What are we going to do?
Talk about the activities that you’re going to undertake. What exactly is going to happen? Are you going to follow a set narrative, role play, or make it up as you go along? And what activities are you agreeing to participate in. Even if it’s only a loose understanding, it’s a good idea to agree in advance what you’re going to get up to in a scene – and then to stick to this agreement once the scene begins.
What are the dangers?
Now that you know what you’re doing, you can both have a forward think and try and spot any potential dangers that might come up. Some of them are obvious – are there any slip or trip hazards in the way? And some of them are less obvious – what will you do if there’s a fire in the venue where you’re playing? If someone is in bondage, is there a quick way to release them. By both taking a moment to conduct a mental risk assessment of the activities you are about to undertake, you maximise greatly the chances of spotting any dangers.
What is the deal with pictures?
Do you consent to have pictures taken of you during the session? Does your partner? Both of you must be in agreement before pictures can be taken. Who is going to take them? Make sure that getting pictures of what you’re doing doesn’t interfere with your focus on the scene. And agree also what you’re going to do with them afterwards. Are they going to be shared or kept privately? Perhaps you’d like to just look them over once and delete them. Make sure you agree on the ultimate outcome before any pictures are taken.
Where are we going to do this?
Where are you going to play? Do you have a private space that’s suitable? Is it going to be at your house? At their house? In a hotel room? In a dungeon? In the woods? Make sure you’ve got a place sorted out where you both feel safe and secure. Make sure you can find it, and that you’ve both agreed that you are happy to play there.
What happens afterwards?
What is going to happen right after you play? It’s worth scheduling in some time, so that neither of you has to rush off immediately afterwards. Bear in mind that one or other of you may need aftercare – a concept that we’ll explore in more detail later in this guide. If you know what you might need after a scene, this is the time to say!
What if something goes wrong?
You can’t always prevent something from going on, but it’s worth just taking a moment to think about what might happen if it did. Where can you find a first aid kit if you need one? And do either of you know how to use it? What if you have to go to hospital? How would you get there, and how would you get back? What’s the quickest way out of the building in an emergency? Although thinking about the possibilities won’t stop them from happening, it can mitigate the effect if they do.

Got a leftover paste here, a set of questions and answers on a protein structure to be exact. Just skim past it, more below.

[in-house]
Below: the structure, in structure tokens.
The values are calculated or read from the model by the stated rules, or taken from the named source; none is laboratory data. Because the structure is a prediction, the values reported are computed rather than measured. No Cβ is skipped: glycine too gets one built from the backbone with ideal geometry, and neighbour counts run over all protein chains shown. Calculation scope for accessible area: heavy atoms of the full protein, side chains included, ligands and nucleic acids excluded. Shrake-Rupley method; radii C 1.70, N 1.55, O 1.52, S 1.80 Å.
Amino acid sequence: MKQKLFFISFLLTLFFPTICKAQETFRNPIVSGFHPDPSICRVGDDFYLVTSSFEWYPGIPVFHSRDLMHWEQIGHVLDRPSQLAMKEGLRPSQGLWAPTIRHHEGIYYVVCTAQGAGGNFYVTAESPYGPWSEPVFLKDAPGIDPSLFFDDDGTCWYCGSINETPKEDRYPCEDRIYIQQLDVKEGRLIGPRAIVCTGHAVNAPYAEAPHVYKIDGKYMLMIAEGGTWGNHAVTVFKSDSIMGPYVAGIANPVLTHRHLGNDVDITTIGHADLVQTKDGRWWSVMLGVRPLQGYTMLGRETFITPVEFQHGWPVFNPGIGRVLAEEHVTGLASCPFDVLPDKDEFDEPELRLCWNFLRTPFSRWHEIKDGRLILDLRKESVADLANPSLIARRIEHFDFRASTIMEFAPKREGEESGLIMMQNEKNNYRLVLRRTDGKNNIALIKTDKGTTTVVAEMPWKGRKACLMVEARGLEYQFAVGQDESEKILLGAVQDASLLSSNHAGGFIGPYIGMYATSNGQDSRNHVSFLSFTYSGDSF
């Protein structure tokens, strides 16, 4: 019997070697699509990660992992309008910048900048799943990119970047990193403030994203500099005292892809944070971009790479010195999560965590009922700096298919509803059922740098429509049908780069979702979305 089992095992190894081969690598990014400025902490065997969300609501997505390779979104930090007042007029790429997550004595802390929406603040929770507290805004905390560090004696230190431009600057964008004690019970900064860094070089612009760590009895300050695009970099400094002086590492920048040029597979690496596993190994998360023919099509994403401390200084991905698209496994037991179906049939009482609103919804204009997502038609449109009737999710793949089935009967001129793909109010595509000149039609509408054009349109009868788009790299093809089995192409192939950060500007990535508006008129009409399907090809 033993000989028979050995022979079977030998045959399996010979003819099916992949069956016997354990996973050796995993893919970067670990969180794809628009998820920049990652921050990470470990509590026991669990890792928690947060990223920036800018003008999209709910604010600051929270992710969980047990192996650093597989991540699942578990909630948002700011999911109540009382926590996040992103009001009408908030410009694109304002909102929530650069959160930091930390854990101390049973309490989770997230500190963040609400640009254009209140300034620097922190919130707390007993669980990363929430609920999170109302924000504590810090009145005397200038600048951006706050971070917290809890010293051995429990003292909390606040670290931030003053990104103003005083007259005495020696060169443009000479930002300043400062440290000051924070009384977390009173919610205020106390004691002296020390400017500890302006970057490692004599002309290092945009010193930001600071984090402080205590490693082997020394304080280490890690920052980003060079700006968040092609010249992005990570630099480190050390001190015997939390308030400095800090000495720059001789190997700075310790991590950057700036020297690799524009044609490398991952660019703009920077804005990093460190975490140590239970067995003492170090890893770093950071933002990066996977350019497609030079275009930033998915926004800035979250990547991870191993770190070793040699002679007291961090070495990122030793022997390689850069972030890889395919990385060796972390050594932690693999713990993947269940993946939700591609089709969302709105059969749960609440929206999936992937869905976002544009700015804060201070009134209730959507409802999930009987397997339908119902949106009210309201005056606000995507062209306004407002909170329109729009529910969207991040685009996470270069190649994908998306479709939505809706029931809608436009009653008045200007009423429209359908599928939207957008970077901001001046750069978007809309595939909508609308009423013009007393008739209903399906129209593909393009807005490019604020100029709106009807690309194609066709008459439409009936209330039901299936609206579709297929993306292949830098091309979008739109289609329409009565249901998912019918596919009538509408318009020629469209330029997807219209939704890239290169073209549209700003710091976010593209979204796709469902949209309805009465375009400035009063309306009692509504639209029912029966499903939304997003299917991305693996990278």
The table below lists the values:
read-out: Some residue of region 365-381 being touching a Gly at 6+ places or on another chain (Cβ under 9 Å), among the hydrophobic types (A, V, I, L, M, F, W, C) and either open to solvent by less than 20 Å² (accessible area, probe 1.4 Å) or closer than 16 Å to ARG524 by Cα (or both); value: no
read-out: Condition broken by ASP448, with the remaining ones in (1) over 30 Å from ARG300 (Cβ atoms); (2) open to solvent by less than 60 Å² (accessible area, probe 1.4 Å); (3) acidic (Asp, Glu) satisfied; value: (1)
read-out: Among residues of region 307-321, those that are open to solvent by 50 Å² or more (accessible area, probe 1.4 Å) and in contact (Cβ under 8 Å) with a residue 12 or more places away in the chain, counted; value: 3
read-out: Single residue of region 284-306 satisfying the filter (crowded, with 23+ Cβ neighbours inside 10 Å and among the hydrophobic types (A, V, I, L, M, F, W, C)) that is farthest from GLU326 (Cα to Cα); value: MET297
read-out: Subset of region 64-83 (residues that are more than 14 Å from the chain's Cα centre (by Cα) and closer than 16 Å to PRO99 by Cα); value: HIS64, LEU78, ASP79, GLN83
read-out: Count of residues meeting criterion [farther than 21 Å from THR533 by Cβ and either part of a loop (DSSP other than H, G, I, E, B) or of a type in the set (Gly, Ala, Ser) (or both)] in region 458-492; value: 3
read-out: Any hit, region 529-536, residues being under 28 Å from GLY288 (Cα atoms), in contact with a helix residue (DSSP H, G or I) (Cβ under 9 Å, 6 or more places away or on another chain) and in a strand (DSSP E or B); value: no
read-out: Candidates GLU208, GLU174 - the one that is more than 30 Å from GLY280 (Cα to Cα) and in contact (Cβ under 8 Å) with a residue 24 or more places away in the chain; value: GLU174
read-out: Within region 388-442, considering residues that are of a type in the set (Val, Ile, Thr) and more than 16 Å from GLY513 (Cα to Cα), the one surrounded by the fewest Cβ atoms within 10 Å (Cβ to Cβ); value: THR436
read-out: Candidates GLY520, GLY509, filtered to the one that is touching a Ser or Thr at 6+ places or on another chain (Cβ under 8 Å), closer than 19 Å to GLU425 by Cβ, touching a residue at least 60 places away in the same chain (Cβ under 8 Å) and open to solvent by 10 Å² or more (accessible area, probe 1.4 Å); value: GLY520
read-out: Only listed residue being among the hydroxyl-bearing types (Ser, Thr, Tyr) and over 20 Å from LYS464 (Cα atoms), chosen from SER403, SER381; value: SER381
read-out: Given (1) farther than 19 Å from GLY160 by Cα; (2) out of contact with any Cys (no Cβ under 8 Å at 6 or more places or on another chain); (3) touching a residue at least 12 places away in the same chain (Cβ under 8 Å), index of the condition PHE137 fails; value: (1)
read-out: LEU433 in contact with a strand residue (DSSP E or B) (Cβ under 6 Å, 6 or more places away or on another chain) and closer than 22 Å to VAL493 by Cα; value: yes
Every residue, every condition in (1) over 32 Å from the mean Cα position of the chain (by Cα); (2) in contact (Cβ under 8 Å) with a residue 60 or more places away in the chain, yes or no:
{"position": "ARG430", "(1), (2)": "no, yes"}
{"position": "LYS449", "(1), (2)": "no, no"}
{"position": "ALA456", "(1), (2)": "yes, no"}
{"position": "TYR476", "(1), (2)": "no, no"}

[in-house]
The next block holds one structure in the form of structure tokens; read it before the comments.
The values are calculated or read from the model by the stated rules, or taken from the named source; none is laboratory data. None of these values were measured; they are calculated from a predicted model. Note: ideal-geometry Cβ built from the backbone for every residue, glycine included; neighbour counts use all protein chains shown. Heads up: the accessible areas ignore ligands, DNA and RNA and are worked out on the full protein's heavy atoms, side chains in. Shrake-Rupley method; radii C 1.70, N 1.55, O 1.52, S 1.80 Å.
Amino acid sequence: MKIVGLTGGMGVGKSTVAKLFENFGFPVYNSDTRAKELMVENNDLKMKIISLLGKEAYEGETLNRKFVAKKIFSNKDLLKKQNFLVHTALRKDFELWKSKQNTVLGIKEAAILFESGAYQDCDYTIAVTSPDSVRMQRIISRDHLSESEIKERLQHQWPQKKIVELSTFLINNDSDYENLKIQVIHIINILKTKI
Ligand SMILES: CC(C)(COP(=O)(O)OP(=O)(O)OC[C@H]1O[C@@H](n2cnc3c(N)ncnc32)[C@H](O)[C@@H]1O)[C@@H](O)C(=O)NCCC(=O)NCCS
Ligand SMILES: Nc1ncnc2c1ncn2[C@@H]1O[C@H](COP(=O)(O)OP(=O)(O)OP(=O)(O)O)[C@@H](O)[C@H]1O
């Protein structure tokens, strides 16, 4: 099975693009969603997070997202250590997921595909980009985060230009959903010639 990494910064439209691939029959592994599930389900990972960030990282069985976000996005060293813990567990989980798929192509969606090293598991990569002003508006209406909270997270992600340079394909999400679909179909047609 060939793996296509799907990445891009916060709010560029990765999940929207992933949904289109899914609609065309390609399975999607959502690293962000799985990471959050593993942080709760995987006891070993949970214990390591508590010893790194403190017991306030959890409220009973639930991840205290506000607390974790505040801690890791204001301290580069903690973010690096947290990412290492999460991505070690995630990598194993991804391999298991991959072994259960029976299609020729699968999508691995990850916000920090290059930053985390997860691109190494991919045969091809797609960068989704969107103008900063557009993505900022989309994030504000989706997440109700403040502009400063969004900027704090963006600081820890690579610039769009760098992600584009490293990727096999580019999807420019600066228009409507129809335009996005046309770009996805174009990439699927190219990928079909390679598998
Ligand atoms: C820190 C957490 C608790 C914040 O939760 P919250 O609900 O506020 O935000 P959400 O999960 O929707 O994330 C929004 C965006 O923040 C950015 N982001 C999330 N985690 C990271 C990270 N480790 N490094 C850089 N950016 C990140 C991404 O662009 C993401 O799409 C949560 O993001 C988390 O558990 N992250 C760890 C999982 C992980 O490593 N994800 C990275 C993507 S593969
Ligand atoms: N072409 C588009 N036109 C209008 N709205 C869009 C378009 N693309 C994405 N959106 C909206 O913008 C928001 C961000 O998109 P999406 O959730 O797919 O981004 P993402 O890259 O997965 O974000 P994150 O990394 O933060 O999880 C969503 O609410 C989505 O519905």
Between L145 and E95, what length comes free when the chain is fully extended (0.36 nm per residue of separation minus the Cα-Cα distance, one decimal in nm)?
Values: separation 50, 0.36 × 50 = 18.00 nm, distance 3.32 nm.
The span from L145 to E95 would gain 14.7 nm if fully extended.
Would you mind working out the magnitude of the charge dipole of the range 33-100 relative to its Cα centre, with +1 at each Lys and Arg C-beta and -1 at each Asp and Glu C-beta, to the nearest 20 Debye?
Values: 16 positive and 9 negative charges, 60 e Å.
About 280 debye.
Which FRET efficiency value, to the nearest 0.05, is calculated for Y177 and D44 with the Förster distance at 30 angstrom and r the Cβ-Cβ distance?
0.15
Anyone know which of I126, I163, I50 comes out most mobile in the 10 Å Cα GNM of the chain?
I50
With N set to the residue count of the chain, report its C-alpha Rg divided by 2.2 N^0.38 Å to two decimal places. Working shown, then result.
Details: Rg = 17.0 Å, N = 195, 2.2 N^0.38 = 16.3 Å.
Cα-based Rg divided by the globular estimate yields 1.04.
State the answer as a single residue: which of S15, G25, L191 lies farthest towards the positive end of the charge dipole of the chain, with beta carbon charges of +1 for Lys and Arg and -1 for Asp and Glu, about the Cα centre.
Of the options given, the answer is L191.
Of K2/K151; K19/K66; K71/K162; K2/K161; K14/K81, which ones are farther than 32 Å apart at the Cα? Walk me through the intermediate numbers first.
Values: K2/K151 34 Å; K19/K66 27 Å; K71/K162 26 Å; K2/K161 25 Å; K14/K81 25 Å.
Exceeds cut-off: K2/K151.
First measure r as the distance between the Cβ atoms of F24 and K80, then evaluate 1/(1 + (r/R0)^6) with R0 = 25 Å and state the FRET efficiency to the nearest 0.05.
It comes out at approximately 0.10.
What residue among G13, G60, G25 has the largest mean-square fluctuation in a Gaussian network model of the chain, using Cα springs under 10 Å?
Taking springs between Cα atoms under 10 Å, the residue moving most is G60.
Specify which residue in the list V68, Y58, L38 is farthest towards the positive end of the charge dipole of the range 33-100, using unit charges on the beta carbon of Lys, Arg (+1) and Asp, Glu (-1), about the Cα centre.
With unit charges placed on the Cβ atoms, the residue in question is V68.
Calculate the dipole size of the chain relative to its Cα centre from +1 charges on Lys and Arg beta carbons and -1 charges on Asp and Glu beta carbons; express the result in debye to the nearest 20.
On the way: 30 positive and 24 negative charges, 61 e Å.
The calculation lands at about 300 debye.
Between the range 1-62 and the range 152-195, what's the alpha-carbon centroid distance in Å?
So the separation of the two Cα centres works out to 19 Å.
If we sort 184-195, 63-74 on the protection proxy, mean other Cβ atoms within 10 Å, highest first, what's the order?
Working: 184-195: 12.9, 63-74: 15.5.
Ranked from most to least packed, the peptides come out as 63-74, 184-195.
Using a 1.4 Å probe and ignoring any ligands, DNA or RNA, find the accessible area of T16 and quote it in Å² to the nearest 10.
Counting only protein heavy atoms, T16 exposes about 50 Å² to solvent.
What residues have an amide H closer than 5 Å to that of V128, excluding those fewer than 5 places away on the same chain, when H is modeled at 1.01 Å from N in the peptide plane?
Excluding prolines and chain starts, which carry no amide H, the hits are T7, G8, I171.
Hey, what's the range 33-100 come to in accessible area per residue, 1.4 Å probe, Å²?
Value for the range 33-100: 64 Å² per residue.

Can we leave marks?
Many BDSM activities can result in marks – bruises scratches and similar. Think in advance about whether or not you can have marks on your body, and whether or not you want them. Bruises can cause awkward situations if you’re likely to go swimming, be naked in public, or visit the doctor in the next couple of days. If you need to remain mark free, then work out with your partner how you’re going to change what you’re planning on doing to ensure that this will be the case. If, on the other hand, you’re perfectly happy with marks, make sure you know how to care for them, and prevents cuts and scratches from getting infected.
How public is this going to be?
The answer to this question will depend a lot on where you’re playing. If your scene is taking place in a dungeon or at a play party you will almost certainly have something of an audience. Are you happy with this? And is the audience likely to be okay with the kind of play you’re engaging in? If you’re planning to do something extreme, it might be worth warning them so that they don’t try to intervene. Make sure you’re okay with playing out a scene in public before you start, as it’s awkward to stop once you’ve begun.
Is there anything that might trigger you?
Are there any particular words you don’t wish to have used? Is there any particular activity which might have a negative effect on your mental health. People can be triggered by all sorts of things, and it’s important to know your own triggers, and to tell your partner about them so that they can be avoided. Triggers can include not just words, but also specific situations and activities.
Have you been fit and well today?
How have you been feeling today? If you’ve been under the weather recently, it might be wise to think twice about playing. Illness can have a drastic effect on what we are able to handle when it comes to stress. What might have been perfectly okay for you before, might now be more than you can handle, as your tolerance has been lowered by your illness. If you’re unwell you’re also more likely to faint, or otherwise encounter a crisis while playing. Some illnesses can be mitigated for with medicine or other concessions – sometimes though the best course of action is to delay play until you’re feeling better.
Do you accept the risks?
As you’ll see in the next section of this guide, play is almost never completely risk free. There is always the possibility that something will go wrong, and – just as with any risky activity – you cannot make anything one hundred percent safe. For that reason you should ask yourself whether what you’re about to do is worth the risk for you. If you enjoy BDSM the answer is usually a yes, but it’s still crucial to weigh things up and make a decision each time.
What relationship do we have?
Finally you should have a think about the relationship that might exist between you and the person with whom you are playing. After this session are you going to go your separate ways and not speak until you wish to play again? Are you going to hang out as friends? Are you, in fact, dating one another? Are you in a relationship, and if so what shape does that relationship have. It’s best to work this out before hand to ensure that everyone is on the same page when play commences.